But jurors have yet to hear from Stefan Williams and Ryan Allen, who may dent Miles' credibility. Under questioning by Wymard, Miles acknowledged that Williams was his best friend, and the two communicate almost daily. According to Wymard, Williams contends that Miles told him he had been in between two houses, as the officers claim. Miles testified he never told Williams any such thing.
Allen, meanwhile, is a former friend of Miles. Miles said the two had a falling-out, stemming partly from the fact that Allen is now dating Miles' ex-girlfriend, Jemiah Anderson. Miles said he and Allen are no longer friends, but "are respectful of one another."
Wymard asked: “Do you recall talking with Ryan Allen and telling him that the police mistook a bottle of Mountain Dew for a gun?"
Replied Miles: "I never told him that."
Another tidbit from Thursday’s testimony was the introduction of Myspace and Facebook pictures of Miles -- sometimes shirtless -- flexing his muscles. Miles' lawyers say the 150-pound Miles was no match for the three officers, all roughly 6-feet tall and 200 pounds or more. But on the opening day of the trial. Wymard called Miles "150 pounds of dynamite."
The Myspace photos showed a shirtless, flexing Miles under the username "Bulky J" taken some time when Miles was between 14 and 16 years old. A final photo, taken in October 2011, was of Miles after a workout, wearing a shirt but slightly flexing his muscles. Miles' physique did show definition in all three photos.
"You wanted to show yourself to be bulky?" Wymard asked
"Yes I did," replied Miles.
On the witness stand this morning, former CAPA High School Student Jordan Miles said he was relieved on Jan. 12, 2010 when police vehicles arrived on the scene in Homewood after his altercation with three white men near his mother's home.
"I thought I was going to be saved," Miles told jurors Thursday afternoon during his civil trial against three undercover City of Pittsburgh Police officers. He testified that at the time, he thought "one of the neighbors called the cops" after seeing the altercation. As it turned out, of course, the three white men were police officers themselves.
Miles told a very different story Thursday compared to the one those Pittsburgh Police -- Michael Saldutte, Richard Ewing and David Sisak -- are expected to tell when they take the stand in their own defense sometime next week.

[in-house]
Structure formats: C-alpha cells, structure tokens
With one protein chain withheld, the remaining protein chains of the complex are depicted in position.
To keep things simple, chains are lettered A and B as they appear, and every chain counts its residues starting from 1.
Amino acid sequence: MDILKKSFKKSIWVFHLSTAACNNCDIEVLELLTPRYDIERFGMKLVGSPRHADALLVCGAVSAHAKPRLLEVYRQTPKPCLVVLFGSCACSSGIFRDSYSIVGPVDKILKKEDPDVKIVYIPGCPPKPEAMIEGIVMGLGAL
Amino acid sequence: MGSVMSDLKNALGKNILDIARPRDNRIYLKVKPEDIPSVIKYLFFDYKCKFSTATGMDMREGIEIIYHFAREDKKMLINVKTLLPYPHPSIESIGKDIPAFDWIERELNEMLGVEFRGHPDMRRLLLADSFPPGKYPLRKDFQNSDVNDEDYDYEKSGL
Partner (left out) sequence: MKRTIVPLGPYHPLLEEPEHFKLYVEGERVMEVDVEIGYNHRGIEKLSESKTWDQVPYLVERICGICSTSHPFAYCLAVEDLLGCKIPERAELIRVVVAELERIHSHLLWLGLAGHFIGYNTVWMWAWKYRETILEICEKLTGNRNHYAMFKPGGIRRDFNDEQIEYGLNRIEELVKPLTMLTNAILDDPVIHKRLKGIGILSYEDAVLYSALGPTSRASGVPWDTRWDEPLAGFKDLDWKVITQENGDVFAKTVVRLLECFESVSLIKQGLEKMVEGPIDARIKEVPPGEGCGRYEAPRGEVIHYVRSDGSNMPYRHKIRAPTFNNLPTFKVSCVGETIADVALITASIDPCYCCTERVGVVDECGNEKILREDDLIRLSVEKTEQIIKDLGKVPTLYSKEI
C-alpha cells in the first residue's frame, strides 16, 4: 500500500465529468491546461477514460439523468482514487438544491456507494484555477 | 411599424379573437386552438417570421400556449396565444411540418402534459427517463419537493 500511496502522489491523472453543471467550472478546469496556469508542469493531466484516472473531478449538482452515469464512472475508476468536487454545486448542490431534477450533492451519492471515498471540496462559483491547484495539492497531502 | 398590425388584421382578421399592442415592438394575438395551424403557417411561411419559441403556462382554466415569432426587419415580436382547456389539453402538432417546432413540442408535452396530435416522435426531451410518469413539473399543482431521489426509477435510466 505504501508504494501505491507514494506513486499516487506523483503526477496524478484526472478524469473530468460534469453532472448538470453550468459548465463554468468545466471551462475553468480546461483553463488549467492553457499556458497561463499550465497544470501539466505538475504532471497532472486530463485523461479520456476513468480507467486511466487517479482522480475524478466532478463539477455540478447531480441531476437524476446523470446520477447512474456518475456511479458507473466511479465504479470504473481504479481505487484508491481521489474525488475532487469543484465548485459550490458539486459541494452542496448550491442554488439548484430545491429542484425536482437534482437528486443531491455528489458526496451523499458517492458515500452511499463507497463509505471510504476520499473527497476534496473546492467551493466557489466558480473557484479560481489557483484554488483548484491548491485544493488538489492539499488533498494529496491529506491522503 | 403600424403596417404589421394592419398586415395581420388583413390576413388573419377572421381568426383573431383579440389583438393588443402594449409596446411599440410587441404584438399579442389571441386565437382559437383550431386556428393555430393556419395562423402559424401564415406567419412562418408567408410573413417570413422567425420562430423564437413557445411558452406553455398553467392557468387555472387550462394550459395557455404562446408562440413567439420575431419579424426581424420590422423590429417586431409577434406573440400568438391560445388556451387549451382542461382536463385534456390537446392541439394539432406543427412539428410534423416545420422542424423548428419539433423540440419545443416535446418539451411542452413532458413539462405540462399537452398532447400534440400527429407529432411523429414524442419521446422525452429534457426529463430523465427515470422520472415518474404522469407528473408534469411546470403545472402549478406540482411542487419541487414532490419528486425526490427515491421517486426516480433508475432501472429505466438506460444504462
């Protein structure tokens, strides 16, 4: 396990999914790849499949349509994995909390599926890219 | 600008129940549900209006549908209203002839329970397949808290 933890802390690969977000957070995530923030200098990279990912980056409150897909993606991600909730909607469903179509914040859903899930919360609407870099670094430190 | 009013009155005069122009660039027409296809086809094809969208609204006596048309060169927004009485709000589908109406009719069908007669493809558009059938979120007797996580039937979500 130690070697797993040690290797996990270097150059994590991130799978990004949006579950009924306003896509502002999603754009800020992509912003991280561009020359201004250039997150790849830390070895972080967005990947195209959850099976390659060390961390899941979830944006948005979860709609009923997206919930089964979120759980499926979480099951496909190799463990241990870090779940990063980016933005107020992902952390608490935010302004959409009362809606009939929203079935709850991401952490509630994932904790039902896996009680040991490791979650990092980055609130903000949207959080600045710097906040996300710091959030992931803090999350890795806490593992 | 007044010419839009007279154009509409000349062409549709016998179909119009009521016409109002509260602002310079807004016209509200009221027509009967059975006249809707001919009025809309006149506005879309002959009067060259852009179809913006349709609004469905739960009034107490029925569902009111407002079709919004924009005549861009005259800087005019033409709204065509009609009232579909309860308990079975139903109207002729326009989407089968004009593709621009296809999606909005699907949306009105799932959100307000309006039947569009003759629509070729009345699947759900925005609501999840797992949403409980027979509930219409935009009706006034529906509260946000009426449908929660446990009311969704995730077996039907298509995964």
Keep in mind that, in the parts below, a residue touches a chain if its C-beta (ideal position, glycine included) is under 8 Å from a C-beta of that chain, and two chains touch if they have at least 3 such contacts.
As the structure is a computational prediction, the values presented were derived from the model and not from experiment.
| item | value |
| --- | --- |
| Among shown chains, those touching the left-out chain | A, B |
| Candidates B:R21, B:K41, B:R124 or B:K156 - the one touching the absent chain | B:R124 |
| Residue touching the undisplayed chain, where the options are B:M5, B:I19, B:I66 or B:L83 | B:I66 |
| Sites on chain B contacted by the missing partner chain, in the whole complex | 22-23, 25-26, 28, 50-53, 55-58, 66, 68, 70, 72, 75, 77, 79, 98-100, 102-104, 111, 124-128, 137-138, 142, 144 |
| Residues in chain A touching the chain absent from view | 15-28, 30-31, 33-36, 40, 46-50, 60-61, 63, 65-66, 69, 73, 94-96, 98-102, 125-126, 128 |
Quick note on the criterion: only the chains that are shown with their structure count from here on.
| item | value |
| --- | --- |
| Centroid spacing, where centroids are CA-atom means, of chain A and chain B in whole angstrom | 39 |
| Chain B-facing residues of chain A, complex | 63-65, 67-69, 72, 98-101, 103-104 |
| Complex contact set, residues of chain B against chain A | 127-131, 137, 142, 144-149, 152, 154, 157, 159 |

Miles spoke softly but confidently as he relayed his version of events. Miles testified he left his mother's house and headed to his grandmother's home where he slept, while talking on the phone to his friend Jamiah Anderson. Miles said he noticed a vehicle just down the street and was a bit concerned by it.
As he walked down Tioga Street, he testified, the vehicle came toward him and stopped nearby, parking at an angle. Miles was walking in the street because the sidewalks were covered in snow and ice; he said he moved toward the sidewalk because "I thought I was going to be hit" by the car.
The men exited the car, and Miles testified that they demanded his "gun, money, drugs."
"I thought I was going to be robbed," testified Miles, who said he was "terrified."
Miles said he took off running to his mother's house, but slipped on the ice, falling on his knees and his hands. Miles said he next remembers one of the men sitting on his back; he recalled being punched in the head as officers were tugging at his jacket. Miles meanwhile said he was trying to pull his jacket together as a means of protection.
"It felt as if I was being hit everywhere on my body at the same time," Miles said. Eventually Miles was cuffed -- and even after that, he testified, he was still hit and beaten by the officers.
He said he began to pray, but one of the officers "choked" him, told him to shut up and pushed his face in the snow. Miles said he had a difficulty breathing and again began to pray silently and attempted to lift his head. At that point, "another man choked me and said, 'Didn't he tell you to shut up?'" After that, Miles said, "I gave up trying to raise my head out of the snow."
Miles suffered swelling on his face and had a large patch of his dreadlocks missing. But on the stand he said he didn't realize the hair was missing until an inmate at the Allegheny County Jail mentioned it.
The court took a lunch break, and the afternoon is being taken up by Miles' cross examination by Ewing's attorney, Jim Wymard.
Wymard questioned Miles for about five minutes before lunch; he spent most of that time arguing over apparent differences in phrasing. For example, he asked Miles about the day of the incident, "So you didn't do your homework that day?' To which Miles replied, "I don't think I had any homework that day." Wymard thundered back, "I asked you if you did your homework that day!"
If the questioning stays at that tone all afternoon, Miles is in for a long day.